QUEEN ANNE — The bipartisan infrastructure bill passed by a divided Congress earlier this month and signed into law by President Joe Biden Nov. 15 could entice internet service providers to push broadband into the underserved rural areas of Queen Anne’s County.

Though these areas with low populations and spaced out residences have offered providers no guaranteed return on their investments, the new bill will recharge grant opportunities that make for financially secure expansions.

“Moving forward I see good things on the horizon,” said Megan DelGaudio, QA manager of information technology and the county liaison to the Broadband Advisory Council, which makes internet service recommendations to the commissioners. “I see this problem going away in the next few years, I’m hoping, as these things build out.”

While most of the county’s residents have access to different internet providers, sturdier broadband service – defined by the Federal Communications Commission as internet service with 25 Mbps download and 3 Mbps upload speeds — is inconsistently available in less populated areas.

A broadband strategic plan for the county compiled in June 2020 by the Columbia Telecommunications Corporation identified three categories of unserved locations.

The first involved homes without access to broadband infrastructure. The second was made up of homes on isolated, low-density roads in otherwise served areas. And the third consisted of homes in served areas that were so far from the road that providers, under county franchise requirements, were not obligated to connect them.

In total, the plan found an estimated 4,000 unserved premises throughout Queen Anne’s County.

Despite these years-old concerns, DelGaudio is optimistic that the $1.2 trillion Infrastructure Investment and Jobs Act will help close some of the connectivity gaps throughout the county.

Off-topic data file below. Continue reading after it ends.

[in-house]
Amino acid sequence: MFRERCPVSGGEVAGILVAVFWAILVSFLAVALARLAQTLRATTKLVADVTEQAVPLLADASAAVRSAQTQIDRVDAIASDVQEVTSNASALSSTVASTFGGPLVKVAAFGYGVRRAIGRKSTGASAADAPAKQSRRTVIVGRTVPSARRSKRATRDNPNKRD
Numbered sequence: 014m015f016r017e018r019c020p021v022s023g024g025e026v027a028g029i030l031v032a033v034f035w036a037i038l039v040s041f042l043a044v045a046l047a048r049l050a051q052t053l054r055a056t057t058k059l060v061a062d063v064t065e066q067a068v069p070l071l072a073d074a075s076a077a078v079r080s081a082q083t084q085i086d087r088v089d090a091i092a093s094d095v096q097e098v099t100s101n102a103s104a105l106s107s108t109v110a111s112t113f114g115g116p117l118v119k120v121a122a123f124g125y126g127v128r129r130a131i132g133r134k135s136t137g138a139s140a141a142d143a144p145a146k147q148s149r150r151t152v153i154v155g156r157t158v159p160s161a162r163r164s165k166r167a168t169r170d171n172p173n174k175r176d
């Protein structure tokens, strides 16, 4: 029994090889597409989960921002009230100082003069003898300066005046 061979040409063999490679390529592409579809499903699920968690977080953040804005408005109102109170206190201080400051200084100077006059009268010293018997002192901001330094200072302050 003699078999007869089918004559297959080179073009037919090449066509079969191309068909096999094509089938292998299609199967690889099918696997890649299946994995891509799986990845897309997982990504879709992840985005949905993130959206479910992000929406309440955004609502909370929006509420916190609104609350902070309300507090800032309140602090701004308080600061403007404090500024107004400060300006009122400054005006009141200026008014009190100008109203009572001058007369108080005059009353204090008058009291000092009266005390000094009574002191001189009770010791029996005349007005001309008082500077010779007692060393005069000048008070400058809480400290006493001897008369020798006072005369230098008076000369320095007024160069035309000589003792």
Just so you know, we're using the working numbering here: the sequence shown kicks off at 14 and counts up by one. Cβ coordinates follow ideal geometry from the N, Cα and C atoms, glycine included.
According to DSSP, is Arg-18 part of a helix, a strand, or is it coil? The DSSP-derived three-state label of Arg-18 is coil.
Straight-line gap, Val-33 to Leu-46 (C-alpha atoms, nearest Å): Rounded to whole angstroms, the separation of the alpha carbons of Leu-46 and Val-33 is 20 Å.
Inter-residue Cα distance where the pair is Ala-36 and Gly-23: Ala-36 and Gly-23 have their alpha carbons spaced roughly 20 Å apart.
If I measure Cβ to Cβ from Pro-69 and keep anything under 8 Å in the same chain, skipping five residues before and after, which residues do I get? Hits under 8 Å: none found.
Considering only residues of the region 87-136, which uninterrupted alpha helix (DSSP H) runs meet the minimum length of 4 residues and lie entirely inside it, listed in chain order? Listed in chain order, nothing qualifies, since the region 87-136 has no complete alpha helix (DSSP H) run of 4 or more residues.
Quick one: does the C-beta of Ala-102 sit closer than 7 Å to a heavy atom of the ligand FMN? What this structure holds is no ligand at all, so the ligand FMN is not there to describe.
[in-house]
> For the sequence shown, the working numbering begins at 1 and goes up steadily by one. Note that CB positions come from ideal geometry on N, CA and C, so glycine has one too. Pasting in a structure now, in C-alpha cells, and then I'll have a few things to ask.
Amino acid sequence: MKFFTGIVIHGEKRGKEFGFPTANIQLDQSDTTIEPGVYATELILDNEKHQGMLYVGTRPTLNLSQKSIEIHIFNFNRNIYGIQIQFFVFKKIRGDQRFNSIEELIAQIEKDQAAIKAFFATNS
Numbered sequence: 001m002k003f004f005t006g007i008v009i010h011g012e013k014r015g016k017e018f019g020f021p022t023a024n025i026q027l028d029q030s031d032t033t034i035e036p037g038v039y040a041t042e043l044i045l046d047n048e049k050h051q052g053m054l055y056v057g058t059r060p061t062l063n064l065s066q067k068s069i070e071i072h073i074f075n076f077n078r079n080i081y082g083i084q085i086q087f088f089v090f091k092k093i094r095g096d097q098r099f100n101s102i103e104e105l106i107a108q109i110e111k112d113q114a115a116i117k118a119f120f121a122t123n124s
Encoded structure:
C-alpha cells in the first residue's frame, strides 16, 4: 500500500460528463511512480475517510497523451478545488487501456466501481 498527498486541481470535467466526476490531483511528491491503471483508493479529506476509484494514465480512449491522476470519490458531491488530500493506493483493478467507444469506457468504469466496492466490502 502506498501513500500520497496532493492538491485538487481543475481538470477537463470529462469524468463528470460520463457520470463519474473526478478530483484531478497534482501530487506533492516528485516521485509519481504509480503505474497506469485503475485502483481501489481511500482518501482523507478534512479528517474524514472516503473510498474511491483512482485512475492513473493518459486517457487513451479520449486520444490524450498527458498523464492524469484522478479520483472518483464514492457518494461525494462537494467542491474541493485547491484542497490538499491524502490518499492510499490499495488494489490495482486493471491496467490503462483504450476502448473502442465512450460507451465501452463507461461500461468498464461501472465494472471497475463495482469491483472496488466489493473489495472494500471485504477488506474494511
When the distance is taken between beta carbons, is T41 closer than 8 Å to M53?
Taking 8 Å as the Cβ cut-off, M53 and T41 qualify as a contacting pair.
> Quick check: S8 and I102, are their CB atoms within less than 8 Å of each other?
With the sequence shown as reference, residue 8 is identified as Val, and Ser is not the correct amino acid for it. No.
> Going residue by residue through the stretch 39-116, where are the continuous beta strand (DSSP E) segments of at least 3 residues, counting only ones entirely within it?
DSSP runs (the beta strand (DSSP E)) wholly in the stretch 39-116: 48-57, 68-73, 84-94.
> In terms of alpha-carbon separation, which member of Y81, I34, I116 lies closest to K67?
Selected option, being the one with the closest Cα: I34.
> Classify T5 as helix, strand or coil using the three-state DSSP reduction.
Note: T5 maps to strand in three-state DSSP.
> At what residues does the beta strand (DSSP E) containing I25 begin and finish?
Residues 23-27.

“I think we had a lot of years where [the future] didn’t look so great,” she said, adding that now, “I think it’s going to look pretty good.”

The mammoth bill, which disperses more than $1 trillion across the country, includes nearly $8 billion for different infrastructure projects throughout Maryland.

According to both the White House and House Majority Leader Steny Hoyer, at least $100 million of that funding will go towards expanding broadband services – making it available to at least 148,000 Marylanders in need.

Currently, counties and internet service providers can apply for one of two grants through the Maryland Office of Statewide Broadband, which, since 2018, has provided $3.1 million in grants towards projects based out of Queen Anne’s County.

Jurisdictions seeking to extend existing broadband service to unserved areas may apply for the Neighborhood Connect Broadband Grant Program; while the Connect Maryland Network Infrastructure Grant Program helps fund entirely new broadband networks.

Both programs are funded by the American Rescue Plan Act of 2021.

Office of Statewide Broadband Director Kenrick Gordon said that the infrastructure bill will help “continue the work” his office does to expand stronger internet service, but also said adjustments will need to be made to the two programs to adapt to the language of the new bill.

“We’re going to have to make some changes to make sure we comply,” he said.

In addition to funding broadband infrastructure, the recently-passed bill will also make it easier for families to afford stronger internet service. Over 1 million people – roughly 17 percent of the state’s population – will be eligible for the Affordability Connectivity Benefit, an FCC program that helps low-income households afford internet access.

The bill’s enactment comes months after the peak of the COVID-19 lockdown, where millions of students and workers nationwide had to transition to online working environments.

“With COVID and the need to work remotely, kids needing to go to school remotely, it’s really opened everyone’s eyes to the need for broadband,” DelGaudio said. “I think everybody knows that it should be considered an item of infrastructure that is required, just like water, sewer, and electric.

“It really has become necessary.”

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